Sometimes Paul drives me nuts. Don’t get me wrong, there is tons of stuff in Paul’s writings that is important and all the reiterations of the same point again and again are a teaching tool to get that point across. He definitely wasn’t a sound bite kind of guy, using short, snappy, quickly grabbed thoughts and pushing them out as quickly as his tongue could speak or fingers write (or his amanuensis’ fingers, come to think of it). There are times when reading an epistle lesson from Paul in church it’s very easy to get lost in the words and phrases. And, if the old thing about taking a breath at the comma is to be obeyed, one could either hyperventilate or gradually turn blue waiting for the next one. Still, Paul has a lot so say and sometimes it is something that so catches the attention that it’s hard to put away and go on to something else. That happened to me this morning with part of this reading.
The lesson deals with judging, something we’re all familiar with and something all of us indulge in perhaps too often. Judgement is a topic about which there is a lot of argument; is it proper to judge a person and under what circumstances? Jesus put it very simply, “Do not judge, so that you may not be judged” (Matt. 7:1). Paul goes into great detail about judgements and stumbling blocks, people doing things that seem quite okay and harmless to them but which are problems for other people. It’s about how people treat each other, caring for one another and being careful to avoid doing things that would hurt, injure or give them problems more than they already have. It’s an important lesson, and worth all the detail into which Paul goes in his letter. Still, it isn’t the part that catches my heart this morning.
We do not live to ourselves, and we do not die to ourselves. If we live, we live to the Lord, and if we die, we die to the Lord; so then, whether we live or whether we die, we are the Lord’s. (7-9)
The words are important – and they are meant as comfort. The Book of Common Prayer uses them as one of several opening anthems read as a body is brought into the church for the burial service (469, 491). We don’t think about judgement with that snippet; we only think of the comfort of knowing that, one way or another, we are, were and will always be God’s. Paul even put it another way earlier in Romans, “For I am convinced that neither death, nor life, nor angels, nor rulers, nor things present, nor things to come, nor powers, nor height, nor depth, nor anything else in all creation, will be able to separate us from the love of God in Christ Jesus our Lord” (8:38-39). We are God’s, no matter what.
Just as we are connected forever to God through Jesus Christ, so we are also connected forever to our fellow human beings and, indeed, all of creation including creation itself. Like the proverbial butterfly sneeze in Brazil that causes a typhoon in Japan or the gentle prod of a finger on a domino that begins a chain reaction that causes thousands of other dominoes to fall, what one person does, no matter how slight, causes something else to happen. We judge that our lives to require adequate heat in winter and engineer our houses and thermostats so that we don’t have to think about that, but we never think of the people who have only oil and propane for heat and whose budgets often can’t be stretched far enough to cover a whole month’s worth of fuel. As long as we’re comfortable, all’s right with the world, right? It’s a judgement call and one that potentially causes others to fall prey to cold and despair — and sometimes death.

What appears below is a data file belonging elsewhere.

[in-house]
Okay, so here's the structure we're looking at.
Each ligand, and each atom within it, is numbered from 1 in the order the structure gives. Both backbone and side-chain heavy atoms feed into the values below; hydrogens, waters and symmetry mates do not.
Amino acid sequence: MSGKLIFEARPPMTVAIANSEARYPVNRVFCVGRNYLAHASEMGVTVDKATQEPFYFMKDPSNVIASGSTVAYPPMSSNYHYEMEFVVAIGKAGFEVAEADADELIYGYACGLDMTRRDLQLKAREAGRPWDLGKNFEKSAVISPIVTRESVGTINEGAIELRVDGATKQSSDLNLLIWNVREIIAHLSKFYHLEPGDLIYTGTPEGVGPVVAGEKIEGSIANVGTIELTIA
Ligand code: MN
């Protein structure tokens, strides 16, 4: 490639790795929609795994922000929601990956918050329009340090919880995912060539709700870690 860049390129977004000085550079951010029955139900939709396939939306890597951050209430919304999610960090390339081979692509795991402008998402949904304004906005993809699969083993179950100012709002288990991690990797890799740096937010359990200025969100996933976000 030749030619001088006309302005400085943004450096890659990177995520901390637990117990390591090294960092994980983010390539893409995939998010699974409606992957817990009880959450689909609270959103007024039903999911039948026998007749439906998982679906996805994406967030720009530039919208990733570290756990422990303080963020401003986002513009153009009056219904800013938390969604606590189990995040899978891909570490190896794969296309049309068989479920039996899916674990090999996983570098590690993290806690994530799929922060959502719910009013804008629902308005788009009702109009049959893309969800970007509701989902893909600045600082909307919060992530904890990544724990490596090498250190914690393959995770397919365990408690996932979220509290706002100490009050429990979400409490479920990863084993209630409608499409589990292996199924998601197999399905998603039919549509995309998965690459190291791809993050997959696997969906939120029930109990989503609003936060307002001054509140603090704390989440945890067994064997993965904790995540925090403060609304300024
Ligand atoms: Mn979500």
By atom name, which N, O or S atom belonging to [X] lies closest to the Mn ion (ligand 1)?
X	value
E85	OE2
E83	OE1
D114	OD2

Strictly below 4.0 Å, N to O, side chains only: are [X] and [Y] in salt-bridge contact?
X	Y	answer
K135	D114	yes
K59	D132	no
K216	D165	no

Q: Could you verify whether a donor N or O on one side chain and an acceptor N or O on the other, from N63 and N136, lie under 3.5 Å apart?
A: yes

Paul’s poetic assertion that “We do not live to ourselves” tugs as the heartstrings. We weren’t put here just to amuse ourselves and look down our noses at those who are poorer or of a lower status than we are. We were put here to be stewards of God’s creation and companions to God as well. “Am I my brother’s keeper” is more than a question Cain asks of God, knowing full well he’s just murdered his brother. Jesus answered that we are all our brother’s keeper – and our sister’s as well. Just as we bask in the love of God, we’re charged to pass it on, not hoard it like Midas’ gold. Our judgements have to be what is good for everybody, not just ourselves or our social class or group. We are God’s, whether we live or die, and God expects us to be profitable, not just to ourselves or our company but to God and all that is God’s above all. If we judge someone to be unworthy of help, we fail to see God’s presence and stamp on them, just as they cannot see the same on us. It’s interconnectedness, and it’s vital.
The mystical/metaphysical poet John Donne, wrote:
No man is an island entire of itself; every man
is a piece of the continent, a part of the main;
if a clod be washed away by the sea, Europe
is the less, as well as if a promontory were, as
well as any manner of thy friends or of thine
own were; any man’s death diminishes me,
because I am involved in mankind.
And therefore never send to know for whom
the bell tolls; it tolls for thee. *
I think Donne strikes at the heart of Paul’s message: we are all interconnected and we can’t in good conscience believe otherwise, no matter how much we’d like to (or do). If we are interconnected we can’t judge others without judging ourselves as well, and we know how hard that can be to do. We’re used to self-justification for whatever it is and give little thought to the perceptions of others.
I have to stop and remember that every time I judge someone else, I’m chipping away a tiny piece of my own soul. I’m not living into the “. . . [W]e are the Lord’s” and, if I forget that, it is at my own peril. No, not the peril that I will lose God’s love, but that I will lose my love for God that I proclaim with my lips but fail to do in my life. I’m still God’s, whether I live or die, and it’s up to me to remember that and live it until the day I die.
The challenge has been given. The response is now up to me.
* Devotion upon Emergent Occasions